Wolfy's Wine Blog
We’ve all heard the rumours - "Moderate wine drinking is good for you", says one newspaper. "Drinking wine does more damage than it does good" says another. Well after a number of studies from across the pond, we can all go to sleep knowing that the glass of wine you had earlier is actually doing you a whole load of good. We, of course, have no biased one way or the other...but this is what we've heard.
Wine, particularly red wine, has a load of antioxidants. These little molecules are great as they help mop up all the free radicals found in the body. Free radicals are particals that, when left alone, do lots of damage to cell tissue. Without antioxidants, a build-up of these free radicals can lead to cancer...
One victory for wine drinking!
Wine also helps reduce circulation related illness. Procyanidins found in the tannins of red wine are great at regulating an excess of cholesterol: a major factor determining the likelihood of heart disease, heart attacks and strokes.
YES! Two victories for wine.
Lastly, regular (moderate) wine drinking also helps stop the onset of brain functioning problems. Deterioration is measured at a considerably faster rate in non-drinkers than moderate drinkers. What better than a glass of Pinot Noir to sharpen the mind?
BOOM! That’s three victories for wine. I think I’ll raise a glass to that.
Corks are interesting. They come from a tree that takes a long time to grow. They rot when they get damp and in Angus’ case, they break whenever he tries to open something! So why do we use it? The key is in the unique qualities of the Cork itself; it’s both soft and porous, it’s natural and in most cases it doesn't affect the flavour of the wine. These are all desirable qualities in their own ways but the most interesting of them is that cork's porosity. A well made cork will let a tiny amount of air in over a long period of time without letting wine out. This process is a key factor in ageing wine; the slow aeration helps to reduce acidity and can change the flavours and the profiles of the wine drastically, both for the good and bad! There are also instances of cork failures which result in the famous but relatively rare “corked” wine, or “cork taint” which is a result of a fungus that grows within the cork itself. There are a multitude of other faults found in wine that are often, yet incorrectly called “corked”. A corked wine has a very particular flavour often described as tasting like damp or rotten cardboard, and can vary in its potency.
Screw-caps are neither soft nor porous. In fact, a well applied screw-cap should be pretty much airtight. This means that whilst a cork can be a bit temperamental a screw-cap is much more consistent. They will keep wine fresher for longer, are easier for bottling, more cost effective and potentially more convenient for the end user. Which is why the more mass produced “quaffing” wines are screw-caps and why screw-caps are often thought as inferior to cork. But let’s be clear, screw-caps are not an indication of quality, in fact more and more top wineries are bottling their best wines with screw-caps, especially in the New World and for good reason. Screw-caps are great at keeping in freshness, whether that’s for reds or whites, if a winemaker wants to keep his wine youthful and constant for his customers screw-caps are the perfect choice. It’s not that the wines won’t age, it’s just a much slower process and with different results.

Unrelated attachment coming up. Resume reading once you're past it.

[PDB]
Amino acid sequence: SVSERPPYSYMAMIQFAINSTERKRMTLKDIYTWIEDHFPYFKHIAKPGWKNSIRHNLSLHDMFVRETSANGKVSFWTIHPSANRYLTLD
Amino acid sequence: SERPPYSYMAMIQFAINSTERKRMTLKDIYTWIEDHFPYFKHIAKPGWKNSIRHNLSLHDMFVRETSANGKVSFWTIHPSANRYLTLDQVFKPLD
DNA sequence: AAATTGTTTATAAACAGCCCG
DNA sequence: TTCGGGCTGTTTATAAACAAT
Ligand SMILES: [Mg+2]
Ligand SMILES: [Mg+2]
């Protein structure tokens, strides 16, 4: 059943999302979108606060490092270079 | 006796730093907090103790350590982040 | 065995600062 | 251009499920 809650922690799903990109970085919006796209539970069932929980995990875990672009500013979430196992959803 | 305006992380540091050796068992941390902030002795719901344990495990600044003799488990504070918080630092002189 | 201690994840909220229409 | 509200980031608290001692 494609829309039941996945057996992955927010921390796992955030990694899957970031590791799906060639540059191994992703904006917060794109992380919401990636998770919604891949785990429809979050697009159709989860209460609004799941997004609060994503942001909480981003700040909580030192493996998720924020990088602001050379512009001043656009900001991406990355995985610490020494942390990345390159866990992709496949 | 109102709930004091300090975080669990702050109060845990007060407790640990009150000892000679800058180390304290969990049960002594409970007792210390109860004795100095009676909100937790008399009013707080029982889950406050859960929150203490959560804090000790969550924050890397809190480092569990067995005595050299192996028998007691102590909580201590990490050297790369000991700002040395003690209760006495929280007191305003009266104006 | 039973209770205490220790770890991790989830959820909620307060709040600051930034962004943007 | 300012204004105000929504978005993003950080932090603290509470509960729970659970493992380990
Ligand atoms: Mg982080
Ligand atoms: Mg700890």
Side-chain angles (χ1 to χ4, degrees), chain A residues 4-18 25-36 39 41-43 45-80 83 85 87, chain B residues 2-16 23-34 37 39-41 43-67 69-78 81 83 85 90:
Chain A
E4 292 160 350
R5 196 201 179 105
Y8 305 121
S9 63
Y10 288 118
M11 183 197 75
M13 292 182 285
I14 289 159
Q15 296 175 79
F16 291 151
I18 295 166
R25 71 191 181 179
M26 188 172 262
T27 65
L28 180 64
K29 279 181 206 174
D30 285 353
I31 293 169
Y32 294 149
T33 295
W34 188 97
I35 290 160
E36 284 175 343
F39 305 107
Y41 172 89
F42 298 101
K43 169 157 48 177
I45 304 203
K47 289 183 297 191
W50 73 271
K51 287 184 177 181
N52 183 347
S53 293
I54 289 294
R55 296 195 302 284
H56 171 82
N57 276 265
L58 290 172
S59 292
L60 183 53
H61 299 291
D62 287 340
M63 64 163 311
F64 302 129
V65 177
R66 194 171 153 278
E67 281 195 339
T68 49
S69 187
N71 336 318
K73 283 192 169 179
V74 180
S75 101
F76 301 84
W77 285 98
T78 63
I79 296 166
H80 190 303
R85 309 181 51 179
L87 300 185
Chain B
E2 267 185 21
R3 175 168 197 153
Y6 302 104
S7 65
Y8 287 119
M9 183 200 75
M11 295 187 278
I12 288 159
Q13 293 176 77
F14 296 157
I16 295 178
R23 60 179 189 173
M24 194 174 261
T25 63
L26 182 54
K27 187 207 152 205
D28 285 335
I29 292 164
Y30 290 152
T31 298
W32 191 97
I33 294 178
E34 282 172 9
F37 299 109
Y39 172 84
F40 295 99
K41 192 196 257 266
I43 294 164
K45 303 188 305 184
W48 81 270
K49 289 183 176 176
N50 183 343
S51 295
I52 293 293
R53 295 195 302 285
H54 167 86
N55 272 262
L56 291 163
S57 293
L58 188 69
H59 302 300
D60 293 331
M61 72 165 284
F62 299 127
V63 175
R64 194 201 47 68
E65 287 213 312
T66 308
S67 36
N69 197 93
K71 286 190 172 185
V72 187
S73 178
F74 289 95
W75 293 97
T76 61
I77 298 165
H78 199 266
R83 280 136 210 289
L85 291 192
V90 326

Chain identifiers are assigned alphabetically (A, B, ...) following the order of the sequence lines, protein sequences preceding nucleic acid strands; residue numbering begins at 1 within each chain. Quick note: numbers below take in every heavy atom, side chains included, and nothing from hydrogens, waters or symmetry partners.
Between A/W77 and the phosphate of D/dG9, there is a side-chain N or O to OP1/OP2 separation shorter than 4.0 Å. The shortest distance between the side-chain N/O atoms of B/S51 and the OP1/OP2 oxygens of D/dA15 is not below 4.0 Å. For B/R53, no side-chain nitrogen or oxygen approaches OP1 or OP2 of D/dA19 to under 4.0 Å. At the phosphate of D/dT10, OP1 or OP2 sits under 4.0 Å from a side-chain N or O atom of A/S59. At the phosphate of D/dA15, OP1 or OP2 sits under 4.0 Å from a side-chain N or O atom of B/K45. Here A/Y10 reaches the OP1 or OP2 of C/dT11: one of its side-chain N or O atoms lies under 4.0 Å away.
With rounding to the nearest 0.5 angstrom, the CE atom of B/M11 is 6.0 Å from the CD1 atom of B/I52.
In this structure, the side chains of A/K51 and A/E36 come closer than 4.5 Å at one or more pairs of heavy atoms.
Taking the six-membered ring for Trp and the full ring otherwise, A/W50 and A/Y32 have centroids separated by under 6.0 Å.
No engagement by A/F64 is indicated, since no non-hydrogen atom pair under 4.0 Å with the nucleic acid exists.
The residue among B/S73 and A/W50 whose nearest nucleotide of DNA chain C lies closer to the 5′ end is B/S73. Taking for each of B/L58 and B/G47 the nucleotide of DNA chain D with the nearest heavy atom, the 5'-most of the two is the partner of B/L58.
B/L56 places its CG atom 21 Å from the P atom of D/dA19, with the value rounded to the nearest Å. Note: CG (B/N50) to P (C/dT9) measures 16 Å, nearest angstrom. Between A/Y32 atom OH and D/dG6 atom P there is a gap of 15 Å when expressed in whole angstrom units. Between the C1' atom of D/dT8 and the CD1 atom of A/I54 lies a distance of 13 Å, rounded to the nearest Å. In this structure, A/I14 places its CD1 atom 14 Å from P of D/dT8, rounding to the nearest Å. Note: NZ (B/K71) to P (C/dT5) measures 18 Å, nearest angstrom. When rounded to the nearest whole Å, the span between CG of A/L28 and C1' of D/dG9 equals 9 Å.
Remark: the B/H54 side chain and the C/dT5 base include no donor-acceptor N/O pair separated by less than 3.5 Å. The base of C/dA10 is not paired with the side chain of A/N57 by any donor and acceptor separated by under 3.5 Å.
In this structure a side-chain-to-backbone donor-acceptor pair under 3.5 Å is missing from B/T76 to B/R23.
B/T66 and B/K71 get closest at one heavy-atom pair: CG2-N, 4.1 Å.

The truth is both screw-caps and corks have a place in the world of wine, and moreover neither can be heralded as “the best”. Screw-caps are better for wines that are intended to be drunk straight off the shelf and corks are better for wines intended to mellow and change overtime. Ultimately the closure method is dictated by the winemaker intention for their wines. In some cases it’s to save cost or to be more convenient but in others it’s to preserve or even change the wine over time. Neither are wrong and again its personal preference, but gun to my head I’d have to admit that I’ll always find that ‘sqeeeak-pop’ a little more satisfying.
A punt is the concave hollow on the underneath of a wine bottle. There are a few practical uses such as catching the sediment released from an aged bottle as well as allowing better control for pouring. So is it true that the deeper this hollow the better the bottle of wine? In short, sort of .
To produce a large dimple a lot more glass is required in the bottle manufacturing process. As with all manufacturing, this is exceptionally costly for the producer. It would not be ignorant to assume that a winery willing to splash out on it packaging is likely to spend more on its winemaking. In sum it can be assumed the more money spent, the better the wine, sort of .
That being said the more money spent on a wine does not equal a better wine, and there are producers that spend more on packaging than on whats inside the package. Watch for the sneaky producers out there who are catching on to the punt as a selling tool. A much more reliable way to check the quality of the wine you’re buying is, quite simply, ask someone who’s tried it. No one wants a big punt if the vino tastes like battery acid.
In short, a big punt does not mean a better wine, it can indicate that the winemaker has really put their heart and soul into the wine and want it to have the best bottle possible or it could simply be a marketing ploy. For me personally if the wine is made in the right way then a large punt only adds to the theatre and enjoyment of the wine, but it certainly is no guarantee. As always we recommend simply having a conversation with your friendly neighbourhood wine guy/gal!